- [UG-CS] X-Road 7. Central Server User Guide. Document ID: UG-CS
- [EIDAS] EU Regulation No 910/2014 – Regulation (EU) No 910/2014 of the European Parliament and of the Council of 23 July 2014 on electronic identification and trust services for electronic transactions in the internal market and repealing Directive 1999/93/EC
- [BATCH-TS] Freudenthal, Margus. Using Batch Hashing for Signing and Time-Stamping. Cybernetica Research Reports, T-4-20, 2013.
- [UC-FED] X-Road 7. Use Case Model for Federation. Document ID: UC-FED
- [ARC-CS] X-Road: Central Server Architecture. Document ID: ARC-CS.
- [ARC-SS] X-Road: Security Server Architecture. Document ID: ARC-SS
- [ARC-ENVMON] X-Road: Environmental Monitoring Architecture. Document ID: ARC-ENVMON.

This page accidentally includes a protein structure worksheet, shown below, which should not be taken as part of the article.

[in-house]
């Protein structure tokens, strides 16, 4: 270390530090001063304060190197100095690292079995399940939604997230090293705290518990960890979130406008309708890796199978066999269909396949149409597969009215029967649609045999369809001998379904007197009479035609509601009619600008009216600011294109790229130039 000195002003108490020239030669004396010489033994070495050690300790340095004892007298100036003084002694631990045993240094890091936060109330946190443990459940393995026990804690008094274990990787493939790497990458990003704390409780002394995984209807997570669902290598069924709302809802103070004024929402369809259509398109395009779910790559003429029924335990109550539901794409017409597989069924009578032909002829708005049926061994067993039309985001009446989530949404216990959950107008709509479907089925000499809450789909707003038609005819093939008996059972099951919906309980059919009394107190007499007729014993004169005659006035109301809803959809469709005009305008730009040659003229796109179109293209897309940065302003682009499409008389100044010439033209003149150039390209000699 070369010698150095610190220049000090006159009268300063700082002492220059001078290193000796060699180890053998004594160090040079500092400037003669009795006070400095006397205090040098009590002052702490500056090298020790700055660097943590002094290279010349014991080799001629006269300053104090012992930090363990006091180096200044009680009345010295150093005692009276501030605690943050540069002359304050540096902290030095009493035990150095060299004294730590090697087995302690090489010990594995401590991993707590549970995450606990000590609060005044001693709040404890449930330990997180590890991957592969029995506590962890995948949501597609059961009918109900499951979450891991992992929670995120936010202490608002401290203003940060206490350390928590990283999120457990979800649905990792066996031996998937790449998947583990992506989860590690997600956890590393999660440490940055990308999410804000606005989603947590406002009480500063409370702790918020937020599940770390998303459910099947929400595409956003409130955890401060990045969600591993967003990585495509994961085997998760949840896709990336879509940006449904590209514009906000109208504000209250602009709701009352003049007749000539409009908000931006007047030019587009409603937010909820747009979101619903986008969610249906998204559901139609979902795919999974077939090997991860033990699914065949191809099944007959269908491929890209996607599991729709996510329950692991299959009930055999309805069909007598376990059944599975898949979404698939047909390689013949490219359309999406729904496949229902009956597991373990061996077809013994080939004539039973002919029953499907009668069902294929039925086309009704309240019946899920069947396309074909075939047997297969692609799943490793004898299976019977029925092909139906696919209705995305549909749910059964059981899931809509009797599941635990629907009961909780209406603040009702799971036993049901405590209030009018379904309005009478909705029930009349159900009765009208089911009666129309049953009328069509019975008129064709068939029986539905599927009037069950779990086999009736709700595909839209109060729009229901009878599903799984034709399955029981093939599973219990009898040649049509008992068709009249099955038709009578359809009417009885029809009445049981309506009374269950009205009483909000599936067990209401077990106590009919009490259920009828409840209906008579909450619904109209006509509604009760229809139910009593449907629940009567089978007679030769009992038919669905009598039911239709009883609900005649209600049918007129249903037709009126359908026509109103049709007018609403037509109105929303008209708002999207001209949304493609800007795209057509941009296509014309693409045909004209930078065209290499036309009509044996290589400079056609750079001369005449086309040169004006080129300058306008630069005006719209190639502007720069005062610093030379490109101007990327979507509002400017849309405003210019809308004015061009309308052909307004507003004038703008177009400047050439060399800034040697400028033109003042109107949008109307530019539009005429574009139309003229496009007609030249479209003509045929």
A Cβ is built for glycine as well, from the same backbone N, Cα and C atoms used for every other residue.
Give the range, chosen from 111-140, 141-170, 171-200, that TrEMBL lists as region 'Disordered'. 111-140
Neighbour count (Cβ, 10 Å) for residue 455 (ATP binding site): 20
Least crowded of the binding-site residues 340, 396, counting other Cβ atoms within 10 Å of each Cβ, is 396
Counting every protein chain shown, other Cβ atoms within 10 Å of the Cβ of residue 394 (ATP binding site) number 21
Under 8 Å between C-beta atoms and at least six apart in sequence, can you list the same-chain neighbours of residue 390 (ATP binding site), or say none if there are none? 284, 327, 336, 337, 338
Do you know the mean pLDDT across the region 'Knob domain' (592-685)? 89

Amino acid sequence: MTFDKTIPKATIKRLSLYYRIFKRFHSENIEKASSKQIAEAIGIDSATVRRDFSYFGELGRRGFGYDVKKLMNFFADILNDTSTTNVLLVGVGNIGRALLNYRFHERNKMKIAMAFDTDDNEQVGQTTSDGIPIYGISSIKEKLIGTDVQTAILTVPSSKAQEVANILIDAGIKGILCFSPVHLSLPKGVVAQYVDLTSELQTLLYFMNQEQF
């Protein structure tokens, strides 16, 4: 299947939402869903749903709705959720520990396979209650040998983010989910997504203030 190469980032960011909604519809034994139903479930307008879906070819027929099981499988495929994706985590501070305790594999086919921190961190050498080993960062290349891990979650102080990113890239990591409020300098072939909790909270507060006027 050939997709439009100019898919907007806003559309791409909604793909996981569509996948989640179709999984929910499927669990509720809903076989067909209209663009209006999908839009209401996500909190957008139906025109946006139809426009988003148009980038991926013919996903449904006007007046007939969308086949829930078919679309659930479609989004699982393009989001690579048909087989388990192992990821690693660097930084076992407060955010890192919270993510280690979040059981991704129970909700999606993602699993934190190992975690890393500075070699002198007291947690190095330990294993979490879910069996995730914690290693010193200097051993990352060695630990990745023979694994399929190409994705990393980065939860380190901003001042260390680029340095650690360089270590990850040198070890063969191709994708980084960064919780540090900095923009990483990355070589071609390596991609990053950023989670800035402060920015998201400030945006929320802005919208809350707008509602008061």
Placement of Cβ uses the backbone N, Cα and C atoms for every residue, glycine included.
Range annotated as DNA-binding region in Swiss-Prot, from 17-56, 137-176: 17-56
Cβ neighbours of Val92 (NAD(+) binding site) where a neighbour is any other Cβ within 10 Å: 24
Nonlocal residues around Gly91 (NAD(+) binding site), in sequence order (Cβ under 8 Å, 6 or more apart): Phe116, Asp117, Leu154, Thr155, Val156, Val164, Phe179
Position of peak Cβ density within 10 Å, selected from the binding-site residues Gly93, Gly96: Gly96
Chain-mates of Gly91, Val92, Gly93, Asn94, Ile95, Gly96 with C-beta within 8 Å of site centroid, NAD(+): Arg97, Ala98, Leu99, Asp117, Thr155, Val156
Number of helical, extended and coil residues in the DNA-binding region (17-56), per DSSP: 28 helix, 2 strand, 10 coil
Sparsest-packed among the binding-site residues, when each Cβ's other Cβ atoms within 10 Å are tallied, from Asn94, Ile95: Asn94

- [ARC-OPMOND] X-Road: Operational Monitoring Daemon Architecture. Document ID: ARC-OPMOND.
- [GDPR] EU Regulation No 679/2016 – Regulation (EU) 2016/679 of the European Parliament and of the Council of 27 April 2016 on the protection of natural persons with regard to the processing of personal data and on the free movement of such data, and repealing Directive 95/46/EC
# 2 Environment Assumptions
X-Road facilitates a data bridge infrastructure between a variety of organisational actors, such as government registers, financial institutions, and telecommunications service providers. X-Road is therefore a critical information infrastructure (CII) system essential for the operation and sustainability of data exchange between such X-Road member organisations. Disruption of CII may be caused by a variety of human-induced actions or technical failures.